When my day turned into a country song.

All these things happened last Thursday.  The first part happened to me, the rest happened to my coworkers..

 

Stranded by the side of the road

No luck with repairs

Shut the hood, a long walk awaits

No phone service here

Pull up along side

Told him not to give up hope

It’s an easy tow into town

As I pull out a rope

Life ain’t all palm trees and sunshine

There are bumps along the way

But give a stranger a chance

Be rewarded in faith

We’re on this rock for a while

Or so the story goes

Best to take things as they come

Learn to keep what to take

And what to let go

Ground’s washed out at the river’s bank

A victim of summer’s rain

Not to worry, a little bit of work

And he’ll bring it back again

Drive the tractor up to the edge

Watch a heron fly

Hit the gas instead of the brake

Think that he’s gonna die

Life ain’t all palm trees and sunshine

There are bumps along the way

Hit reverse in a panic

Keep backing up till you feel safe

We’re on this rock for a while

Or so the story goes

Best to take things as they come

Learn to keep what to take

And what to let go

Cleaning up around the bend

Picking up debris

The boy sees large weathered log

Must’ve been a strange looking tree

Imagine his surprise

Reaching out for the branch

Came a whip from a tail

Followed by a violent splash

Life ain’t all palm trees and sunshine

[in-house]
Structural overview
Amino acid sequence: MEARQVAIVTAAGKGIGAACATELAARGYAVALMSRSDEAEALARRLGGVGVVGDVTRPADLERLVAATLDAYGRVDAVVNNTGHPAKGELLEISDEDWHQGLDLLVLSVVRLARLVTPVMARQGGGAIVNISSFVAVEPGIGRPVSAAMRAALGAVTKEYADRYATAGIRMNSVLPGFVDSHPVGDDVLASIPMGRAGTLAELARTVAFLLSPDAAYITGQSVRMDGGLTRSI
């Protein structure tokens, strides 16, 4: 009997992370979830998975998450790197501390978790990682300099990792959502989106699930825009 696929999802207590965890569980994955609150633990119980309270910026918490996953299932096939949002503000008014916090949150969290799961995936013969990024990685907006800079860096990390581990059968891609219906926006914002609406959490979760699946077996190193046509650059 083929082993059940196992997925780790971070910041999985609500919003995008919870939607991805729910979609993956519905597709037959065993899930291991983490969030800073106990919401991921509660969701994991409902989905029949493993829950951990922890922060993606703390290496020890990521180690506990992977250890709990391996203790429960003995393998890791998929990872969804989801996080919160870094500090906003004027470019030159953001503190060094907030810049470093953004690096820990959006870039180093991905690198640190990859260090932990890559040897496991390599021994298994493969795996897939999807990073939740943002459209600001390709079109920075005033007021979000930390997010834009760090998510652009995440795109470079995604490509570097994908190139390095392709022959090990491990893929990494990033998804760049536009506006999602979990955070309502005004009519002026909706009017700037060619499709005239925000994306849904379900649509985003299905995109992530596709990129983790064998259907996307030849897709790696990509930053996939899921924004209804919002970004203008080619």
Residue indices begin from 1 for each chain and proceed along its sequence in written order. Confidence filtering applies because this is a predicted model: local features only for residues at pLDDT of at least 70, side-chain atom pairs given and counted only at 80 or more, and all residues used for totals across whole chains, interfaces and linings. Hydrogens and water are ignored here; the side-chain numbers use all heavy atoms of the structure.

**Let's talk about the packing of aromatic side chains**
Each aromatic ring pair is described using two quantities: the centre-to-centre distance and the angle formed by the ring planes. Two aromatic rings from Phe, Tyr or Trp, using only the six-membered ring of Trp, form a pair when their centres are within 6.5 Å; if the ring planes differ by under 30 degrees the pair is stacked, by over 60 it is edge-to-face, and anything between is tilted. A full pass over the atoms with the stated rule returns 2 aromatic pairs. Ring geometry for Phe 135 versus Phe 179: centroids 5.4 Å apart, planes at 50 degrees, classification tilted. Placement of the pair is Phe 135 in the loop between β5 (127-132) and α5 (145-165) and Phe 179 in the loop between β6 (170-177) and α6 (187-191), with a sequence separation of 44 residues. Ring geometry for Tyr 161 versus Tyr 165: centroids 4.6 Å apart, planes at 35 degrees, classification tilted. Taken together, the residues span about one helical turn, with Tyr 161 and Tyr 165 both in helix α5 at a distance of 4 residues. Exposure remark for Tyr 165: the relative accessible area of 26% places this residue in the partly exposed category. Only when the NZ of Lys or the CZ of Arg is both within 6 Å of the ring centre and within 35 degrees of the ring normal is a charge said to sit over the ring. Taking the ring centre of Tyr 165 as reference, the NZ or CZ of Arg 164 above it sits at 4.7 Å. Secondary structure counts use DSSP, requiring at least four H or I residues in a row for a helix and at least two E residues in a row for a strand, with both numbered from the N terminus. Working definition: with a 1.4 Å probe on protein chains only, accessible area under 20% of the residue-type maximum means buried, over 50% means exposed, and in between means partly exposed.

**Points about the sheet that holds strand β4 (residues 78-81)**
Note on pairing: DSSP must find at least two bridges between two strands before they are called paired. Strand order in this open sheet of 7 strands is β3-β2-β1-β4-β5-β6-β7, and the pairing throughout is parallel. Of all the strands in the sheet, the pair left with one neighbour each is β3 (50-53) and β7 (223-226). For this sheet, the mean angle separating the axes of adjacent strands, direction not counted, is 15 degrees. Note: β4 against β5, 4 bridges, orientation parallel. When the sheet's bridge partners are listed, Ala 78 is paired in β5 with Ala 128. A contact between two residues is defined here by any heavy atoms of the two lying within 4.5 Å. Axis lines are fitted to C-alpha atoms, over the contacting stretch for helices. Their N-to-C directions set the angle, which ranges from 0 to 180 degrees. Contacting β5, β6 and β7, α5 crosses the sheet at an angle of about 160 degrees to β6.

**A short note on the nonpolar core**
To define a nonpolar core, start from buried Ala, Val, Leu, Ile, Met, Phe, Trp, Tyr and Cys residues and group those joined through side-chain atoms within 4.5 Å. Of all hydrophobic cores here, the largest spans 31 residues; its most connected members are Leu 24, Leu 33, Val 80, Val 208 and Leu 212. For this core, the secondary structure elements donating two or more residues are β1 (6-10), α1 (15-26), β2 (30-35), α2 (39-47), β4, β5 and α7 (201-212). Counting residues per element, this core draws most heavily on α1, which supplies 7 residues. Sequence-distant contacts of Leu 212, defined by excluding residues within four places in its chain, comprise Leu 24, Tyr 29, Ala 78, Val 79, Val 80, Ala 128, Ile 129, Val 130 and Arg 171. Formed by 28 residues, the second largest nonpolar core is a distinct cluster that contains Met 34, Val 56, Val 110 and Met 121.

There are bumps along the way

Keep focus on what you’re doing

Don’t become gator bait

We’re on this rock for a while

Or so the story goes

Best to take things as they come

Learn to keep what to take

And what to let go

The Hunt

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The soft, blue sky and sounds of chipping birds didn’t soften the concerned look on the man’s face as he peered out the window.

“They’re out there, son.”  He warned.  “They came during the night.  Pods hidden amongst the landscape.  They’re  hidden, but I know they’re  there.  I can smell them.”

His words were confirmed with tightening eyelids and a terse nod.

“It’s not like last time.”  He continued.  “Last time easy to spot.  They were bigger and ugly.  Everyone knew they were dangerous.  This time, though; this time they were smart.  The pods are small, so they’re easy to hide.  They’re brightly colored, too.  It makes them easier to find, but also lulls its victims into a sense of false security.  There’s got to be hundreds of them out there.”

The soldier steps back and racks his rifle.  “Clack-clack!”

“Don’t worry, Dad.  I got this” He says with confidence.

A brightly colored basket is lowered in between them.

“Why don’t you collect them instead of shooting them.”  The mother says to her son.”

“Aw, Mom!”  The boy protests as she disarms the young soldier.

“No, no.  She’s right!”  The father chimes.  “Gunfire will alert them to your presence.  You need to stalk them, special ops style, and bring them back to the home base for study and interrogation.  They’ll crack under the pressure!”

Mom rolls her eyes as the child bolts out the door.

A Perfect Fit